Save, spend, splurge: clarifying masks

Like a lot of people I love whacking on a mask a couple of times a week, usually in the bath or whilst sprawled across the bed watching Gilmore Girls on Netflix. I have lots of them but most fall into one of two categories – clarifying or moisturising. The save, spend, splurge this time is all about the masks I use when I feel as if my face, especially my t-zone, needs a good deep clean.

Save, spend, splurge - clarifying masks

The cheapest of the three is the Quick Fix Facials Anti-Blemish Mask. It’s a thick whitish cream which is easy to spread around (I use an old flat foundation brush for this), and only needs ten minutes to work before it dries slightly and you can wash it off. It’s designed for oily skin, which I don’t really have, so I only tend to use it on my nose and chin, which are my most spot-prone areas, so the salicylic acid can work its magic on any congestion. It’s not a miracle worker but it does seem to calm redness and bring spots to a head quickly (lovely); you can also use it as a spot treatment on individual blemishes. Find it in Boots for £4.99 (but often on offer).

The middle option is from one of my favourite skincare brands, NIOD, and is the Flavanone Mud. It comes in a brown glass jar, which isn’t the most portable or convenient but does look rather charming on a bathroom shelf. The mask itself is a deep terracotta colour which will stain every flannel used to wipe it off – don’t say I didn’t warn you. NIOD’s explanation of the science behind the mask is a little long to explain (it can be found here), but basically it works to both purify and decongest the skin immediately and protect it from premature ageing and pollution in the long-term. I spread a thin layer all over my face, leave it for between ten and twenty minutes, and wipe it off. It doesn’t tingle when it’s on but, oddly, it does sting a bit when you’ve removed it (which is normal, according to NIOD) so do be gentle. Regular use leaves the skin more even in tone and smooth – I love it. It’s £29 for 50ml, but currently has 20% off at Escentual.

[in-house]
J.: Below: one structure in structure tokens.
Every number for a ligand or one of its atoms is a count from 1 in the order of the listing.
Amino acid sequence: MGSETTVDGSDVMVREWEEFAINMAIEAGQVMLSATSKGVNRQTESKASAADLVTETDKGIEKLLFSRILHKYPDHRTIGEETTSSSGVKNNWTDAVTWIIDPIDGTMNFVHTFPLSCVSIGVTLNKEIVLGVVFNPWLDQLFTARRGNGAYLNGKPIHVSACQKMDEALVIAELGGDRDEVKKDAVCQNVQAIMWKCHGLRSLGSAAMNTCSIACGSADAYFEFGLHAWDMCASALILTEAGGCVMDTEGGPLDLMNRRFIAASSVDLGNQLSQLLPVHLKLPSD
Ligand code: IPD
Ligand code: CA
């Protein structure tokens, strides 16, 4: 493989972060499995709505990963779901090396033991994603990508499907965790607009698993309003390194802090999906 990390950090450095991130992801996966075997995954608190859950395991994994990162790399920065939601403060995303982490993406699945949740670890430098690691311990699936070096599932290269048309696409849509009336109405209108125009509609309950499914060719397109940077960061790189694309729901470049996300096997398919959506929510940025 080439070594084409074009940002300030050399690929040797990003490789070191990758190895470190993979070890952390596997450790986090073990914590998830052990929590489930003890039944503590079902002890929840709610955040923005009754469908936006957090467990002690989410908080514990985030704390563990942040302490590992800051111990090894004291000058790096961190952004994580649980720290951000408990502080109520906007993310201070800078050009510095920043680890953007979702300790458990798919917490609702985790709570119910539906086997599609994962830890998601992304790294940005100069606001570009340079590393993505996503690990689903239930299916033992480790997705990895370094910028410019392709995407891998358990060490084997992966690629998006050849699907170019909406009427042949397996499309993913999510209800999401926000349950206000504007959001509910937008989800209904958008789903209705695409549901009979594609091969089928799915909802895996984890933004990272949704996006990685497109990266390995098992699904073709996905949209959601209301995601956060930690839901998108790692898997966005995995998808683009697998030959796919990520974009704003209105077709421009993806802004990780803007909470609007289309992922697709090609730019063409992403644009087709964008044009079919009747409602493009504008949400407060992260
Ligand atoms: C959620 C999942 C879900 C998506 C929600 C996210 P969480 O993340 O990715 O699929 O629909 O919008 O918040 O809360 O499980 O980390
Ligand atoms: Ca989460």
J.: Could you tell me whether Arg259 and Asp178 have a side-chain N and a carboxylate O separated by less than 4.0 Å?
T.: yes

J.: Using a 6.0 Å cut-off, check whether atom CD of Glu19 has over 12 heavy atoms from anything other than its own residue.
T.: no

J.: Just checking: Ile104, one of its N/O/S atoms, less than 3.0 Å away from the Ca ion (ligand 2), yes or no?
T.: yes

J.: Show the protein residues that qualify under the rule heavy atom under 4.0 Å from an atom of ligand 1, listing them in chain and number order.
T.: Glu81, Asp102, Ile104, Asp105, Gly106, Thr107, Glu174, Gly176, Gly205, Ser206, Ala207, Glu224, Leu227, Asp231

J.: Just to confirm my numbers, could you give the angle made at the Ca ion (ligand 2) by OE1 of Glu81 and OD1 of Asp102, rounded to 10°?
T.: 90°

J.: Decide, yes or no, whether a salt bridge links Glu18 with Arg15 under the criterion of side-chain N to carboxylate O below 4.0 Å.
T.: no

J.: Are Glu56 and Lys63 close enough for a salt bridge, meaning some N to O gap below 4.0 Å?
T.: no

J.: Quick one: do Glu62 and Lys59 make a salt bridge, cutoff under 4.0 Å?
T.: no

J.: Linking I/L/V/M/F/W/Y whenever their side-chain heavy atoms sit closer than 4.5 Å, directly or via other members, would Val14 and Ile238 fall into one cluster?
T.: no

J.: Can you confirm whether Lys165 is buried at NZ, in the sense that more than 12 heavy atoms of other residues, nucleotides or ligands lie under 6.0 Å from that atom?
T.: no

Finally, we have the priciest option, the May Lindstrom Problem Solver. It’s horribly spendy but the pot is a massive 250ml. I’ve had mine for about 6 months and haven’t even used a fifth of it yet, because you need so little. It’s a dry powder which you mix with water or facial oil before spreading it over your face and settling down – this one needs as long as possible, or at least 45 minutes, so it’s a great option for the bath. It contains Fuller’s Earth to purify, with cacao and cinnamon to boost circulation and provide some anti-oxidants. I can never decide if it smells amazing or a bit funky – it’s not one to be wearing if you want to enjoy a glass of wine as it really affects the taste! It leaves the skin really smooth, as it’s slightly exfoliating when you remove it, and super glowy. It’s £72 for a 250ml jar – definitely expensive but I think it’s worth it because it lasts for so long and works so well.

What masks do you recommend for when your face feels in need of a deep cleanse? Have you tried any of these three?

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